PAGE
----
The Overview of Human Infection Caused by Avian Influenza A (H7N9) Virus

Yung-Ching Lin, Yi-Chun Lo

2013 Vol.29 NO.8

Correspondence Author: Yung-Ching Lin

  • Office of Preventive Medicine, Centers for Disease Control, Taiwan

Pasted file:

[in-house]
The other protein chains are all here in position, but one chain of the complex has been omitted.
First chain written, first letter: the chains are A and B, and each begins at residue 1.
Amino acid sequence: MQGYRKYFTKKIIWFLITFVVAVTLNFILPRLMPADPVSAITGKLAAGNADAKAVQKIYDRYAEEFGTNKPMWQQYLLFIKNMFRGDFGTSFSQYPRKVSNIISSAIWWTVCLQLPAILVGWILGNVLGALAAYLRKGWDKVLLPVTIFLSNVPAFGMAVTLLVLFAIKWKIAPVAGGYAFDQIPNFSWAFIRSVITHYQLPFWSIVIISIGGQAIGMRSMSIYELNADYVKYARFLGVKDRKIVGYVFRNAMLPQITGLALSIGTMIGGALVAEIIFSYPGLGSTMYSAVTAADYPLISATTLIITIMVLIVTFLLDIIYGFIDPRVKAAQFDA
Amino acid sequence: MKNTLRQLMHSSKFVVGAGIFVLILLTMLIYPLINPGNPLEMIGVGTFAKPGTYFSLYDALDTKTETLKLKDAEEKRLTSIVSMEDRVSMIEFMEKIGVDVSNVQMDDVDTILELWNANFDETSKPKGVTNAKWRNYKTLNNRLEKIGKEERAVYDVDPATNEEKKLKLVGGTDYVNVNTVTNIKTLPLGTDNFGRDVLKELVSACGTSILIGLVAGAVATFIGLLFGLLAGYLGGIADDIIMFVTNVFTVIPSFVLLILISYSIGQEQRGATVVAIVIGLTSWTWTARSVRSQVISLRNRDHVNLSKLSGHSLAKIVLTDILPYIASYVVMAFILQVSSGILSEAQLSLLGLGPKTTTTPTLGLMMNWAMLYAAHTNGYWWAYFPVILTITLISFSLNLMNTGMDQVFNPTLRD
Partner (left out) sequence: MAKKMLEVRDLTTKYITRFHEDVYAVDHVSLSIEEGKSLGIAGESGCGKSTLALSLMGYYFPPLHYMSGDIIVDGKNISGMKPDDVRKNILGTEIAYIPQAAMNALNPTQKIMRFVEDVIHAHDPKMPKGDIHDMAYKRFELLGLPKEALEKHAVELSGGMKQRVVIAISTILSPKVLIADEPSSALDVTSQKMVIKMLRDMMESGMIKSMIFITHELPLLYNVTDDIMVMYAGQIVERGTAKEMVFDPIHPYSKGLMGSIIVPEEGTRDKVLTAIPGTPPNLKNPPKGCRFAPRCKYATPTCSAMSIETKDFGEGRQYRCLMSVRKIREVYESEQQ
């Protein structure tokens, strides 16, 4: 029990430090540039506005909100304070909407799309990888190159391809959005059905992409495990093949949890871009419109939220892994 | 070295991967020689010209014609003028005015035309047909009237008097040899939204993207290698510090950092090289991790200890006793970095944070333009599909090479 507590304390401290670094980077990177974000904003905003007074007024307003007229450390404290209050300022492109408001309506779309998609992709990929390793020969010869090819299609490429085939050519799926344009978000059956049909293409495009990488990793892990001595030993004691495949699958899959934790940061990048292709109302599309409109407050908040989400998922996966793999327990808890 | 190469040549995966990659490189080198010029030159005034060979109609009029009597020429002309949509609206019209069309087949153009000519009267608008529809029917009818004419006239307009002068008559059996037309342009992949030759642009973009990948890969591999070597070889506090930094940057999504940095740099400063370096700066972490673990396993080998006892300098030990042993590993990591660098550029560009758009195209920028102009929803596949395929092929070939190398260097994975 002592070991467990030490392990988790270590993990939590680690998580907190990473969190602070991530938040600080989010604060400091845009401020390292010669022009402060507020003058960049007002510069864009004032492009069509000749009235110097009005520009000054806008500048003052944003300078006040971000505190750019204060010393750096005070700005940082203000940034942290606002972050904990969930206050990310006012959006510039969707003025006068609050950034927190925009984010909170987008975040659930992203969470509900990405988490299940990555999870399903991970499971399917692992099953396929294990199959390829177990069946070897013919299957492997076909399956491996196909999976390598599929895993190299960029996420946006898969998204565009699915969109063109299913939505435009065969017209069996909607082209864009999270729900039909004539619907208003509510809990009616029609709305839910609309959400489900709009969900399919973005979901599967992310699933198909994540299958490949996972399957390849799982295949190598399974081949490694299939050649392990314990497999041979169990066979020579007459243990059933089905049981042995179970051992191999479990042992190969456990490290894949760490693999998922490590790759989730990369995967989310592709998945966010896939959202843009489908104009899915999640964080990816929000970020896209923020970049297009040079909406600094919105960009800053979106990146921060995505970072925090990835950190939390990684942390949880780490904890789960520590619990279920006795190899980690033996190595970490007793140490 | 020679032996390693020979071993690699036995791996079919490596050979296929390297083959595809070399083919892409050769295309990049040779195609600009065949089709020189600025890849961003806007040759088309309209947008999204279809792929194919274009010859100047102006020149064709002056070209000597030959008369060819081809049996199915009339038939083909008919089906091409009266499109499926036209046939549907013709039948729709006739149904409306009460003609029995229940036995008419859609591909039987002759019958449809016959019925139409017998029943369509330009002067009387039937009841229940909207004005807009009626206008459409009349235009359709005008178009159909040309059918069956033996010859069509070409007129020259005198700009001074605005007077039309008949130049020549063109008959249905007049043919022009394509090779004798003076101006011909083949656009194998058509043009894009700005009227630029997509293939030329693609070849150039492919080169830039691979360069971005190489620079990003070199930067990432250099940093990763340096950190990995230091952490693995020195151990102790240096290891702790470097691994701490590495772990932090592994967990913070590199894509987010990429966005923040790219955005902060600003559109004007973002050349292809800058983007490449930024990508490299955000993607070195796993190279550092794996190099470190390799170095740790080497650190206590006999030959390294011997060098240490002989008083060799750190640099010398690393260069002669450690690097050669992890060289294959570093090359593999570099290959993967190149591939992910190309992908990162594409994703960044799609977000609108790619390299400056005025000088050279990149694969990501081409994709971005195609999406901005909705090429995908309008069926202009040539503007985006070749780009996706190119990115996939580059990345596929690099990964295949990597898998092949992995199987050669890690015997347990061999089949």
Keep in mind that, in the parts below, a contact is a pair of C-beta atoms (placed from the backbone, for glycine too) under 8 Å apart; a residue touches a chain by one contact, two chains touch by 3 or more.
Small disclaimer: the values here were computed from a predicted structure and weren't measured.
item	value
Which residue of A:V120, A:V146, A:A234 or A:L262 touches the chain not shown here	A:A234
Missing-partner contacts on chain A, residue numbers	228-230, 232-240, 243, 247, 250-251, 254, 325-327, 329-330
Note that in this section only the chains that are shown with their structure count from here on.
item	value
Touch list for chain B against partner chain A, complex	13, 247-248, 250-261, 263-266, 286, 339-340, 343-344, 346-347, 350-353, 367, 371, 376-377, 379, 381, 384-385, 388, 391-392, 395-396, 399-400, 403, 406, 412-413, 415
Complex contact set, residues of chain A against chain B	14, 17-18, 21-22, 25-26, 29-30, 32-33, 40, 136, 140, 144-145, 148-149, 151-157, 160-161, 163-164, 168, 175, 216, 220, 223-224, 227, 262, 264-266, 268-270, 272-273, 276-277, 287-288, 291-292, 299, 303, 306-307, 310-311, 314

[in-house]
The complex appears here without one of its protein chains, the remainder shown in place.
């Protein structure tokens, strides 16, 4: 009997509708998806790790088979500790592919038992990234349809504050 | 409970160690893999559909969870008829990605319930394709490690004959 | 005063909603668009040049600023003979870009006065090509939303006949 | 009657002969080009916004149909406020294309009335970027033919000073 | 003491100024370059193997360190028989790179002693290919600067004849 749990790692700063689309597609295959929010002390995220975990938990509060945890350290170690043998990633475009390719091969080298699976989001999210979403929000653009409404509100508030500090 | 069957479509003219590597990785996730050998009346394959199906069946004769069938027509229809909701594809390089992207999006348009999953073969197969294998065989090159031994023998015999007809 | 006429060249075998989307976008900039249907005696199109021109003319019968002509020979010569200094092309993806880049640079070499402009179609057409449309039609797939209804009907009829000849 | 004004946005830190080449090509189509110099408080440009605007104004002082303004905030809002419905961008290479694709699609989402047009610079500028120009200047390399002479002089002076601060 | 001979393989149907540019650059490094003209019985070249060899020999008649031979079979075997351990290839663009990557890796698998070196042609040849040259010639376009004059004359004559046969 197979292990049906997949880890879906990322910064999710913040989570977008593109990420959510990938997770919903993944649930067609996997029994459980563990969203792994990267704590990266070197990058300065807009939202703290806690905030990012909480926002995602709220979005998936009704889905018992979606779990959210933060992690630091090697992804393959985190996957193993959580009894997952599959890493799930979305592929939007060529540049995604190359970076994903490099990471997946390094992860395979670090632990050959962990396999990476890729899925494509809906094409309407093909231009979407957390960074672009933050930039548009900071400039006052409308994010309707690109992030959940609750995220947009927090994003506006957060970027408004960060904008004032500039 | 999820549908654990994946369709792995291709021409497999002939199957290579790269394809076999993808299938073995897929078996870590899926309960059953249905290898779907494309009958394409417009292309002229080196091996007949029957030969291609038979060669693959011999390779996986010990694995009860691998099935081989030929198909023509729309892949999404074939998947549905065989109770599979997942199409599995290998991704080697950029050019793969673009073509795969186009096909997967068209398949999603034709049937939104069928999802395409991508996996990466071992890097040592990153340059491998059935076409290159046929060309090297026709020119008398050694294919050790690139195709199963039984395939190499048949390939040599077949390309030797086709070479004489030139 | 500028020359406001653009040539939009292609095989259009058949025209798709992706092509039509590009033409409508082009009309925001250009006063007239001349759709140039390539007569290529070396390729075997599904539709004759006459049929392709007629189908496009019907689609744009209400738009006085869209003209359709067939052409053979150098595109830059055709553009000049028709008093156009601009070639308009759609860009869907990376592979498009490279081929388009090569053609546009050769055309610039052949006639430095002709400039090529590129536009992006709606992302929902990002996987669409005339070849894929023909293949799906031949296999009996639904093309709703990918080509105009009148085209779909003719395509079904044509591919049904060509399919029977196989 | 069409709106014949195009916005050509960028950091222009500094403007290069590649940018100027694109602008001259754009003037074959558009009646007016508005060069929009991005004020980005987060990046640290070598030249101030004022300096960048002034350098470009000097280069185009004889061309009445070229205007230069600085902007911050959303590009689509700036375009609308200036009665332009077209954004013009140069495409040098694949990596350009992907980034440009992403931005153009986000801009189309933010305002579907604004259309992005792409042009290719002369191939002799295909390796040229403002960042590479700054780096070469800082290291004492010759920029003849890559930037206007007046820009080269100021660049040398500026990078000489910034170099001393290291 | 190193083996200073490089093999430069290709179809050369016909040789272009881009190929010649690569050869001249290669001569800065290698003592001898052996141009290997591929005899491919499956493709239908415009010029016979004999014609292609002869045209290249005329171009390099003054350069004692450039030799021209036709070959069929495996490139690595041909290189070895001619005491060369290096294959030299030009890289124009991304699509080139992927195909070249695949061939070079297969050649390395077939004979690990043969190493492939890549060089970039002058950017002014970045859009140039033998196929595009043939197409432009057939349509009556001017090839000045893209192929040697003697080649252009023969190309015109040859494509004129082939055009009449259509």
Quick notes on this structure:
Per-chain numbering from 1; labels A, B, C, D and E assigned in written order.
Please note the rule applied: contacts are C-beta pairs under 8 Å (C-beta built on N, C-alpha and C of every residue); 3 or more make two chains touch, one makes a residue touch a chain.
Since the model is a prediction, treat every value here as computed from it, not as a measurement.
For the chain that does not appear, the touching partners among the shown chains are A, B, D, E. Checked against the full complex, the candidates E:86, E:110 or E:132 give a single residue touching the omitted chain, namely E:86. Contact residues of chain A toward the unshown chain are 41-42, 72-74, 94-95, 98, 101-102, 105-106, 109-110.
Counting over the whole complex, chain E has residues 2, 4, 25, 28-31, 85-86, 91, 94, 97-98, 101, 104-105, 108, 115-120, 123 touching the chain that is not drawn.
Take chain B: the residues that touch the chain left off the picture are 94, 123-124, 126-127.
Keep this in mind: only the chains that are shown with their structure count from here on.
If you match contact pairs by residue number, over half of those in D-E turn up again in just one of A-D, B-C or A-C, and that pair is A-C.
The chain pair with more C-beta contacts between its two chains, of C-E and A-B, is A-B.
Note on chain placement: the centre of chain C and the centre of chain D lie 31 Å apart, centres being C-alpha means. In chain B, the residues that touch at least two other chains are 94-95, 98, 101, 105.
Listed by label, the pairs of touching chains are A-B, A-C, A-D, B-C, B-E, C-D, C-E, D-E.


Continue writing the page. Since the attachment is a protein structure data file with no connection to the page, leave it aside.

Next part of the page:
On March 31, 2013, China announced the first known human case infected by avian influenza A (H7N9) virus. By April 15, the total number of human H7N9 influenza cases reached 60 in China, including 13 deaths, 38 with severe illness, and 9 with mild illness, which were reported from Shanghai, Jiangsu, Zhejiang, Anhui, Beijing and Henan. Several cases had poultry contact history or had butchered bird meat before the onset of illness. The genome sequencing of the isolated viruses indicated a triple reassortment virus with avian origin. The first family cluster of human H7N9 infection was reported in Shanghai on April 13, suggesting that limited human-to-human transmission might occur. Currently, no human H7N9 influenza confirmed case has been reported in Taiwan. Human H7N9 influenza was listed as Category V Notifiable Infectious Disease since April 3. By April 15, 68 suspected cases were reported. Of them, 67 were excluded (including 13 H1N1, 5 H3N2 and one influenza B) and one was pending diagnostic tests. To cope with the emerging human H7N9 influenza outbreak in China, the Central Epidemic Command Center for H7N9 influenza was established on April 3 for prompt infection control and prevention measures, such as gathering latest infection information, strengthening border quarantine, coordinating medical systems and stockpiles, and managing risk communication.